Alright.... So I think I'm going to take this book as a sign. A sign that I, for some reason, do not vibe with Susan Dennard's stories. (I love her as a person and will continue to enjoy her on Twitter/etc.) This entire review needs to be taken with a grain of salt because I really should have stopped reading Dennard after I tried and failed to read the Witchlands series after multiple attempts. But that's neither here nor there, so let's talk about this book specifically.
Have you ever read a story that feels like you SHOULD totally love it, and yet it's like just outside of your reach in a frustrating manner? That was The Luminaries for me.
I loved the concept. That hooked me in from the start and continued to compel me throughout the reading experience. Each weekday clan with a motto, a cause, and some shady secrets? Sign me up! How interesting! The atmosphere and general sense of setting was darkly whimsical in the best way.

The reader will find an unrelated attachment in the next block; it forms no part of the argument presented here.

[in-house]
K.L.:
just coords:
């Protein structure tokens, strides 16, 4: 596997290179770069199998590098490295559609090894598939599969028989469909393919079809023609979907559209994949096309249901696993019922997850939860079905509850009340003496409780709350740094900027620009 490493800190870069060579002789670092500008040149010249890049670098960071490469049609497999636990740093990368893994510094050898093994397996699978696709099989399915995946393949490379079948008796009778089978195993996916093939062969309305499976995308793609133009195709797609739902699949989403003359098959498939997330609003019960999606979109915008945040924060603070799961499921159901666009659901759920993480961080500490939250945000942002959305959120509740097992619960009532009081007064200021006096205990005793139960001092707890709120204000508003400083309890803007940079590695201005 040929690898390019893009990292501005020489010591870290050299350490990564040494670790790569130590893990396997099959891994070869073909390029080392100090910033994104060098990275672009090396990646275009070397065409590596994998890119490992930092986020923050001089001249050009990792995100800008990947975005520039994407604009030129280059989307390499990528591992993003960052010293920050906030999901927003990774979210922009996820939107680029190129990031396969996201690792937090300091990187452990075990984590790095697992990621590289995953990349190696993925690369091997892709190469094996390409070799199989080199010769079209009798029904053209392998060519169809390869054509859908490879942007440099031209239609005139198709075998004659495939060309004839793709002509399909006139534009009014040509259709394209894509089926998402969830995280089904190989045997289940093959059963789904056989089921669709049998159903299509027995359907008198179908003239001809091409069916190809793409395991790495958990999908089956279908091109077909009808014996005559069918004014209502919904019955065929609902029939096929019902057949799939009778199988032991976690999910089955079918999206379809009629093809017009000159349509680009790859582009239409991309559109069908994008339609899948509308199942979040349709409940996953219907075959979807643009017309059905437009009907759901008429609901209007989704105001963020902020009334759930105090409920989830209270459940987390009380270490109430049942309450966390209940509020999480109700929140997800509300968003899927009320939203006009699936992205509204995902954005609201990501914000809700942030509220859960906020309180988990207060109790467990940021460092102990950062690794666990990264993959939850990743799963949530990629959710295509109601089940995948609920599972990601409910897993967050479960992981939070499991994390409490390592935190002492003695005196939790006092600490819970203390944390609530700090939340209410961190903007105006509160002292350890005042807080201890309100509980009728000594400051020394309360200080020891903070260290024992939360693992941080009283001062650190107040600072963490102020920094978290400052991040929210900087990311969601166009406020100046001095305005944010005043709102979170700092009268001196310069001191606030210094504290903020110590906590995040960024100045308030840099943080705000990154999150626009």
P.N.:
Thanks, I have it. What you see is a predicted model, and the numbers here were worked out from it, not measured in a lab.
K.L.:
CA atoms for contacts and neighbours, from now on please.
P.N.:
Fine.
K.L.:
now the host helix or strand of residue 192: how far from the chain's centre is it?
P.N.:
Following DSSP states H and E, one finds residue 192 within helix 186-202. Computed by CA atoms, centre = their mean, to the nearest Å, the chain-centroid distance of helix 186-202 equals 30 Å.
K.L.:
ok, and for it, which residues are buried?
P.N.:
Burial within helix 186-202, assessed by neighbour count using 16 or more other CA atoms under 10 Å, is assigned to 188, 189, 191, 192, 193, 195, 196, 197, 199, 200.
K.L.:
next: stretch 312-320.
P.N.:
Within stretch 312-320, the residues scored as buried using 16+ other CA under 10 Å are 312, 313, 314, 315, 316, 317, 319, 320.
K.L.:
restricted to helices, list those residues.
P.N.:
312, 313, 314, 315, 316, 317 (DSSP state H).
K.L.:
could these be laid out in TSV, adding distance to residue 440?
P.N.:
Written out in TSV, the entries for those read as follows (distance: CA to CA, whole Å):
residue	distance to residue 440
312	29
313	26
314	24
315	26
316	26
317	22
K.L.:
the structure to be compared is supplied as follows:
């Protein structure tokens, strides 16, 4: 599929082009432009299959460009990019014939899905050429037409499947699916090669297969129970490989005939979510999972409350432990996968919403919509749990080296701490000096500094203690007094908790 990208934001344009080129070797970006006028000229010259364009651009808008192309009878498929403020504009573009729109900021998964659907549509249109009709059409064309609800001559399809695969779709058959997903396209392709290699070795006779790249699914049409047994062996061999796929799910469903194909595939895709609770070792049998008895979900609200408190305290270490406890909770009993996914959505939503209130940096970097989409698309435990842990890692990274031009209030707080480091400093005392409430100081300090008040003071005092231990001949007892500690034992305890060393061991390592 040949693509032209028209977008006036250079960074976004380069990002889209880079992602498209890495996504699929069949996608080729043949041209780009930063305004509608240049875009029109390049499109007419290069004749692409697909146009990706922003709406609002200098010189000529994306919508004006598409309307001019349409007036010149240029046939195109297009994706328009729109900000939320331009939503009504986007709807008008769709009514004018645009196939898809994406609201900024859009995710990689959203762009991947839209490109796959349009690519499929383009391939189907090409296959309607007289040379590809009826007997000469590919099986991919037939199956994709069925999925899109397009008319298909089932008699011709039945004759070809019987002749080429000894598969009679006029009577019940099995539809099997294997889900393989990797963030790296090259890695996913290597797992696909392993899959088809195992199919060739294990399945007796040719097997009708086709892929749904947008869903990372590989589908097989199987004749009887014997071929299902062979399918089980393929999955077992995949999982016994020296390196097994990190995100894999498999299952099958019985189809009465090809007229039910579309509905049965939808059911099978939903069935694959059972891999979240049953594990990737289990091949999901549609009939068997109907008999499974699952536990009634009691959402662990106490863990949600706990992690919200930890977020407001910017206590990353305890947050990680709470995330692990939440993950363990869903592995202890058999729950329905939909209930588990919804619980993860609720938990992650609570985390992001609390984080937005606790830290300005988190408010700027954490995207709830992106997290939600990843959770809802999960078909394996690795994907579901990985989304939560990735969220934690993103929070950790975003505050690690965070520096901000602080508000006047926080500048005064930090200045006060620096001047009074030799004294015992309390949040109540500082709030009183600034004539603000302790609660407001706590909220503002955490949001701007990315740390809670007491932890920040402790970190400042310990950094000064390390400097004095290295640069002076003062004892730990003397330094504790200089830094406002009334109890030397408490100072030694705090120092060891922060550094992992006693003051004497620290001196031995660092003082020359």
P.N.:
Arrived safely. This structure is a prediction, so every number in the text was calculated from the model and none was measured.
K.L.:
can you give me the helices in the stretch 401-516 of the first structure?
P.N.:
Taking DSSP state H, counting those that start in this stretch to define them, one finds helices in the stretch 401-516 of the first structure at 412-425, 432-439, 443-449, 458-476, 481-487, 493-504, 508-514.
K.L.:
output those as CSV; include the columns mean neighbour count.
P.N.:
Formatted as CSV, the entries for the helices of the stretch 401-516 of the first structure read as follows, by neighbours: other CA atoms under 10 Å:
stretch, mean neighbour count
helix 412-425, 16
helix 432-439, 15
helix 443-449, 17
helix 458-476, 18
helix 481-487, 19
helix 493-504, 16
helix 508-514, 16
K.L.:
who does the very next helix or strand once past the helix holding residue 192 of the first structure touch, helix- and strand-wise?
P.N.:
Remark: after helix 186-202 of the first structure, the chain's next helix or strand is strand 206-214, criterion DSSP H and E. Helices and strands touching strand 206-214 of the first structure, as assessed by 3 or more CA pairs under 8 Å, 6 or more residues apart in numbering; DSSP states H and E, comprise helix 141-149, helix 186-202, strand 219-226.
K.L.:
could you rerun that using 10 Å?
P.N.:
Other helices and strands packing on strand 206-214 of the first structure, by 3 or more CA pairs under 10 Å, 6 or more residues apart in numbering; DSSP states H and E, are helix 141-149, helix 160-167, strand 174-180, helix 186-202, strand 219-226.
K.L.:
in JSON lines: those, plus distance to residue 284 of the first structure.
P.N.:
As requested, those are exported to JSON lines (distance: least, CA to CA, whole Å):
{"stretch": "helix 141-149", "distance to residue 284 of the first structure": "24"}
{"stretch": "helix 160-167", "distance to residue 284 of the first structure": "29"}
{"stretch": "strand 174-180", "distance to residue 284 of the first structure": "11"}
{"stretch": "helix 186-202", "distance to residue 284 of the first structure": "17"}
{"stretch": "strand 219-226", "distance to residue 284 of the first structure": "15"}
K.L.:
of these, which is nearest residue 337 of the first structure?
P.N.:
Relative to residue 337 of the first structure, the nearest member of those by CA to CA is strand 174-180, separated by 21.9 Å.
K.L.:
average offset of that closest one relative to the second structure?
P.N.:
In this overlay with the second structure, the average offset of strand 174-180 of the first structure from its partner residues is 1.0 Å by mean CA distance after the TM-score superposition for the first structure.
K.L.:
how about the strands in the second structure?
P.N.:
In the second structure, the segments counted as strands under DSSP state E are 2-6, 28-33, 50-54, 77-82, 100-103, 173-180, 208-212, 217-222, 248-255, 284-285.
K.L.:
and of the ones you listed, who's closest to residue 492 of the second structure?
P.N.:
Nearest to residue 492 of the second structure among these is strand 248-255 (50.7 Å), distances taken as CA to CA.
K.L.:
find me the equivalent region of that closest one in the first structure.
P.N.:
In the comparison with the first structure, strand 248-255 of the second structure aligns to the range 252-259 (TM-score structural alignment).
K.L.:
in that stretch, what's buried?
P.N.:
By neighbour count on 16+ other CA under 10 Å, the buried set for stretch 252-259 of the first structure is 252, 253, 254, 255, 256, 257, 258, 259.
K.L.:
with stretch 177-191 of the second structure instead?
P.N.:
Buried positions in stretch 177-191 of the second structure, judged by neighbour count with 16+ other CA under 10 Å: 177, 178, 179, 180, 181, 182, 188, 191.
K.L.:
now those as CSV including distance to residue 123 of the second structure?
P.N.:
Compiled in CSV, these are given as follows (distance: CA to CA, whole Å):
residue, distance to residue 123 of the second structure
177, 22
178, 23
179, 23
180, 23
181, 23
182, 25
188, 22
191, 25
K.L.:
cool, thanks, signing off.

But... the story itself fell flat for me. The characters felt basic, like templates of the standard YA character tropes. The plot feel both too bogged down with weird details and yet so utterly vague on large concepts.
I also have one major issue, but it is a spoiler so I will keep it vague here for the purposes of this review: the town's reactions to Winnie's family? Made no sense? Literal adults, acting like that? Even family members? I just could NOT get into the logic of that.
Anyways, not one for me. Which is a bummer. HOWEVER, it seems like this author's logic flow and mine maybe are at odds, so it might just be me. Give this one a try if the description interests you!
"Dreaming means waking up as your worst fear," you say?
Let's also add in some "eh, might die, but I can't afford to be anywhere else" vibes and I'm sold. This was such a fascinating concept and a really fun read.
Man, I really wish I'd gotten around to my advanced reading copy sooner so that I could have been an AGGRESSIVE promoter of it during its release week. I have fallen down on my duties!!